Tim: You need deep technical skill set on application architecture and infrastructure design, and there’s a lot of nuances and integration, and someone has to put that together. What Taos brings to the table is the procedure, the technical mechanisms, the cultural shifts, and the team dynamics to make it all happen. We boil it all down and make it more easily transferable to an existing company.
Final thoughts- what’s the future of DevOps? Will a DevOps culture become just the way we do business?
Tim: Technology is always emerging and moving forward, right? People will always try to make things more efficient, more reliable, and want to build them faster with more automation. I think cloud providers will give you more functionality and feature sets within the cloud where more will be built into the platform itself. It’s going to be all about just deploying an application. I’ll have to provide some blueprint and some data construct, and all these things are going to be just built automatically. It’s already happening in the serverless foundations that are out there.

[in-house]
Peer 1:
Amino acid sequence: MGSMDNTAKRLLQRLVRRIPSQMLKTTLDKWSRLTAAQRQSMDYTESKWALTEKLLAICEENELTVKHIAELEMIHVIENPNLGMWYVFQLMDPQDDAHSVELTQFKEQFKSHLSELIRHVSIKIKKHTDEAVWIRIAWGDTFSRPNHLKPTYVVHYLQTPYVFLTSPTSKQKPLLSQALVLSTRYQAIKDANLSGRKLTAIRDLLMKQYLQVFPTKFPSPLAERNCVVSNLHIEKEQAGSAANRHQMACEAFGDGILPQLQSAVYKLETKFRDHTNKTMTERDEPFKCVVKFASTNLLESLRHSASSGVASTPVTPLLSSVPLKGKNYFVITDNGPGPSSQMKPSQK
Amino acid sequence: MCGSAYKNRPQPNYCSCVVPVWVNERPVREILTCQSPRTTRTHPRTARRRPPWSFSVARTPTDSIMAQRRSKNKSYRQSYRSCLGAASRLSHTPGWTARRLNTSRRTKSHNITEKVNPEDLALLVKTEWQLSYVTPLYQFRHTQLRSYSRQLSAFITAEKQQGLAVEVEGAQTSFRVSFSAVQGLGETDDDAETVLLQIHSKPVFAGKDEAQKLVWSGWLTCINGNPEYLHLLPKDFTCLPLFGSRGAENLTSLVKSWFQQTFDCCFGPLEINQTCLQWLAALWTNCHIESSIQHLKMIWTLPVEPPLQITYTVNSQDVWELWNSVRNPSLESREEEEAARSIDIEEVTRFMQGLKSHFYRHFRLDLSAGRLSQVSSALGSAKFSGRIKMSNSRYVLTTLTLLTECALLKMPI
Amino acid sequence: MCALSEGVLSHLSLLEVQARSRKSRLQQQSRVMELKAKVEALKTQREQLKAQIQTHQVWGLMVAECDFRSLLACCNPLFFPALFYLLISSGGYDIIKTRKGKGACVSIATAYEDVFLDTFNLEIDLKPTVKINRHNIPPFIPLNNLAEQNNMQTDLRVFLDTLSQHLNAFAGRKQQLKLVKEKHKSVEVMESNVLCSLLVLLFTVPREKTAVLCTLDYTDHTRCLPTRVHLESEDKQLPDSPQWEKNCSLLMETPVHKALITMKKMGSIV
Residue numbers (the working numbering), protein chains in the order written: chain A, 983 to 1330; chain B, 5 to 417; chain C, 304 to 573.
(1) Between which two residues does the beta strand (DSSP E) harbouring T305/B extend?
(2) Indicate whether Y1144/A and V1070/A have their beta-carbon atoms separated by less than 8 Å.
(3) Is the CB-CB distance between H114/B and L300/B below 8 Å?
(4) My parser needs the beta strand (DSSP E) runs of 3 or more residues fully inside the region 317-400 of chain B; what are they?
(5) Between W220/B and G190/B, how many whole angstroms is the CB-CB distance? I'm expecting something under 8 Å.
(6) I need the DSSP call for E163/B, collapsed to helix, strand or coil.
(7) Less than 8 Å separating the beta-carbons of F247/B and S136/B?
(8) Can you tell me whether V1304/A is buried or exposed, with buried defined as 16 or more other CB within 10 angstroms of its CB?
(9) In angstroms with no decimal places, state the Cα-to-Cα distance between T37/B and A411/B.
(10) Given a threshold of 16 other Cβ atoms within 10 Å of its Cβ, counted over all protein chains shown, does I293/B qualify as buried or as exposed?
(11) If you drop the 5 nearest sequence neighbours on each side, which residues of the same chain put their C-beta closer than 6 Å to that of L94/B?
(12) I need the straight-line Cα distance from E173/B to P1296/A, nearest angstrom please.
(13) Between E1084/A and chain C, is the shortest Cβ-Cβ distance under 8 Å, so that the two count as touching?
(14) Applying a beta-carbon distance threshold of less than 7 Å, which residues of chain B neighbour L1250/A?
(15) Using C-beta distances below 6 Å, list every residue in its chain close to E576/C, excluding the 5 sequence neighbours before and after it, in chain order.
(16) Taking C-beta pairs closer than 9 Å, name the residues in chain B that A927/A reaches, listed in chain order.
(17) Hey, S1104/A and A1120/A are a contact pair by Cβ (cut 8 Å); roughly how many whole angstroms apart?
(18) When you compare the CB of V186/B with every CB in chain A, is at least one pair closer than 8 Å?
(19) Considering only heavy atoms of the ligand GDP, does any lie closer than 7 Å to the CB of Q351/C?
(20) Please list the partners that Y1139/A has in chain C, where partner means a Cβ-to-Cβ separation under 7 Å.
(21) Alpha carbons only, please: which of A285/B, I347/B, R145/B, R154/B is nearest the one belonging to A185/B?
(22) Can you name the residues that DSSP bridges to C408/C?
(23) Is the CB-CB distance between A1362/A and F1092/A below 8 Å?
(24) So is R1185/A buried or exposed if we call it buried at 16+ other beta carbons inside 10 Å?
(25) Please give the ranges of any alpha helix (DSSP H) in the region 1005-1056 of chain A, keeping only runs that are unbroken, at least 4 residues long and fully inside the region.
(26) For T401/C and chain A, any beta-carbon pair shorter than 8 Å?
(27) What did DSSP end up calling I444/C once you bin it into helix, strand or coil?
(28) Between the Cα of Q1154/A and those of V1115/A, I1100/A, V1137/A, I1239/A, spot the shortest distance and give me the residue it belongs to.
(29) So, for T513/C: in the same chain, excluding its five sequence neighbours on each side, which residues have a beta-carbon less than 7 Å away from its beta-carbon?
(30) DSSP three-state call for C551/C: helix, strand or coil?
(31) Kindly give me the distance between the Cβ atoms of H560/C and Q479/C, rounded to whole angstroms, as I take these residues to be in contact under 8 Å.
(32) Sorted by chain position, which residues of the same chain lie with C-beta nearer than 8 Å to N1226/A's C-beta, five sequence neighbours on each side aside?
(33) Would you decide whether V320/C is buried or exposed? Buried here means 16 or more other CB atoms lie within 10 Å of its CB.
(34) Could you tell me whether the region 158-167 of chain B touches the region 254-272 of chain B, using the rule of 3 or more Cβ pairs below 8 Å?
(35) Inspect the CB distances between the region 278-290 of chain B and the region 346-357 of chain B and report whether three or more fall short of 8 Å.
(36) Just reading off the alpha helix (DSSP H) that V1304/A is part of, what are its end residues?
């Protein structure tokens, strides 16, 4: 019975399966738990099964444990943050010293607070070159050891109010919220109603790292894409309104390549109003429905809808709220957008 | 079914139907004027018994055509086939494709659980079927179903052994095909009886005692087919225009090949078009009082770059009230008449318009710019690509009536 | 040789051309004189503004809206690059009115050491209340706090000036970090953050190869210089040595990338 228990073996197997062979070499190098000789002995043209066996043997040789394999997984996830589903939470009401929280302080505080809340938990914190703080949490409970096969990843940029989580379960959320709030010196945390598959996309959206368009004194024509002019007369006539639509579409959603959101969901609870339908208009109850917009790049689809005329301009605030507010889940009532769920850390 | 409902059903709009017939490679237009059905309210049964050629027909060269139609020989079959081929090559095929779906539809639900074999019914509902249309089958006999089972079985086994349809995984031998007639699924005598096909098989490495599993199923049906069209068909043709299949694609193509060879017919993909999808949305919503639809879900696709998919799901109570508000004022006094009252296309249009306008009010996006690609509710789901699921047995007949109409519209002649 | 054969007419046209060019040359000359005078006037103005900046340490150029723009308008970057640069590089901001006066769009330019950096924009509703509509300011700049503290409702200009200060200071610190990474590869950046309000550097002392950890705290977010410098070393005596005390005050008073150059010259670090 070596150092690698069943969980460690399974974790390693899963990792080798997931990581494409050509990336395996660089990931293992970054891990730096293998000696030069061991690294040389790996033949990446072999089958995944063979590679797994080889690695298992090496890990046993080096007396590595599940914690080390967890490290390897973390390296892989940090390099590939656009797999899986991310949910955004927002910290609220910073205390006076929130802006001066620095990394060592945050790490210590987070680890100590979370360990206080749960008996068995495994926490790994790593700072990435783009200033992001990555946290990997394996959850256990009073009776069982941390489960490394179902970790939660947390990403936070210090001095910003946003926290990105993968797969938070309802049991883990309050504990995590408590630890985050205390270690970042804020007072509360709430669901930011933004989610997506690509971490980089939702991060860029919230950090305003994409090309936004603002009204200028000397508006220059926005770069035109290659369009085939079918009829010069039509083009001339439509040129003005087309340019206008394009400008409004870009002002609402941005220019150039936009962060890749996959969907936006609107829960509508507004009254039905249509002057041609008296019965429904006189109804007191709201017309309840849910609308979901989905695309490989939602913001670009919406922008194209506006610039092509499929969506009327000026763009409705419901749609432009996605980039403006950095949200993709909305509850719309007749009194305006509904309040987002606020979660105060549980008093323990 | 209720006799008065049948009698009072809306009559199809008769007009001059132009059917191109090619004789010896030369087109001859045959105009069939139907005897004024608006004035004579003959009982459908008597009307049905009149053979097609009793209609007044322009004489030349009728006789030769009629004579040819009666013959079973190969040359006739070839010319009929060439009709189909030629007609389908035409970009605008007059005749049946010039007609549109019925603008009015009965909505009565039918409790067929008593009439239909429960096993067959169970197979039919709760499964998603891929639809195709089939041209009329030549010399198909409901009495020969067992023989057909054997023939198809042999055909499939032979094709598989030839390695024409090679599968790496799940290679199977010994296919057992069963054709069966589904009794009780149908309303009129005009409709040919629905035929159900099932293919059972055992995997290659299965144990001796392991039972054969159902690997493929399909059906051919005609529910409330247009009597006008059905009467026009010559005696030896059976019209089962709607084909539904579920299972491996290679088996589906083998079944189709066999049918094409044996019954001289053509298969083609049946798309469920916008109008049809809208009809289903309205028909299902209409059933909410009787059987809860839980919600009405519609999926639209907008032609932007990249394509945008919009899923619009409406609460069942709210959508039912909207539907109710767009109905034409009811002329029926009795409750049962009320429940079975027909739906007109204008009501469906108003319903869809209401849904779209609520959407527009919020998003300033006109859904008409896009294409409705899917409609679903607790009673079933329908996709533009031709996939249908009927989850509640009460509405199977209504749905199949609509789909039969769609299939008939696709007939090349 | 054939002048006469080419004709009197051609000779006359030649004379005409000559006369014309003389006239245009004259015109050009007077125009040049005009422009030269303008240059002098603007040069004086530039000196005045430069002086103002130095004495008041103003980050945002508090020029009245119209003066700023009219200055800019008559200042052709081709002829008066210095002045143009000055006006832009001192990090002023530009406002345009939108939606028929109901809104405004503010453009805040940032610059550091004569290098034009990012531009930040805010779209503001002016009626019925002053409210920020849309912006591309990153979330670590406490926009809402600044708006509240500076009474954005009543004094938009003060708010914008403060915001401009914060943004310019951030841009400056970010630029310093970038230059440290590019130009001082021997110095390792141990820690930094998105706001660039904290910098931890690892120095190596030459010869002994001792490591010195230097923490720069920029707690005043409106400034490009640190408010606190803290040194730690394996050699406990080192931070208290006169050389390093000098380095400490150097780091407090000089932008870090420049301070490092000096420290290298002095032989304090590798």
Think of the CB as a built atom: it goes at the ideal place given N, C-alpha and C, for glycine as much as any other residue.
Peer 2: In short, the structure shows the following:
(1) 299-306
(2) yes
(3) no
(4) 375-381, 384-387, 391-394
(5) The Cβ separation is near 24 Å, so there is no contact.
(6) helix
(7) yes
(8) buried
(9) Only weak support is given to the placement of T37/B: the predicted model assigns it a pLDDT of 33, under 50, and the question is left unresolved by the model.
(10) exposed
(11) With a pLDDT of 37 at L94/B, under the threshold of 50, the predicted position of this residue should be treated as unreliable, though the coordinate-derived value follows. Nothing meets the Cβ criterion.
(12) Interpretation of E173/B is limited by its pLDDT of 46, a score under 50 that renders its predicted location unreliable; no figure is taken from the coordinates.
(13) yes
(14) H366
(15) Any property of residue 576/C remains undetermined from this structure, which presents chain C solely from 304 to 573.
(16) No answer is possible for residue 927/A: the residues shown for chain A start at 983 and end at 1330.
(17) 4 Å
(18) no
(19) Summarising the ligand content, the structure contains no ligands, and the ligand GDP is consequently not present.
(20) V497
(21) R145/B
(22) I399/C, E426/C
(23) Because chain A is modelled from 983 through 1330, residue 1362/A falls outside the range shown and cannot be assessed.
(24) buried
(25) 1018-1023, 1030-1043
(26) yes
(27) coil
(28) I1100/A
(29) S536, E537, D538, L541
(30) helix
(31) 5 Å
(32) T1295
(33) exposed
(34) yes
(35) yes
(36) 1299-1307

Brandon: I’d say where things are going to start to evolve is as the platforms that we deploy to mature, there will be a requirement for advancements in the release pipelines, forcing more efficiency and better tooling. For example, Spinnaker is a fitting example where a tool was born to solve the release into Kubernetes. I also think we are going to see how a DevOps culture benefits other parts of the organization. If the engineering machine moves faster, that is a benefit for the whole company.
Many thanks to Brandon and Tim for taking the time to give their unique perspectives on DevOps. If you have any questions on how a true DevOps culture can impact your business, contact Taos today to talk to one of our experts.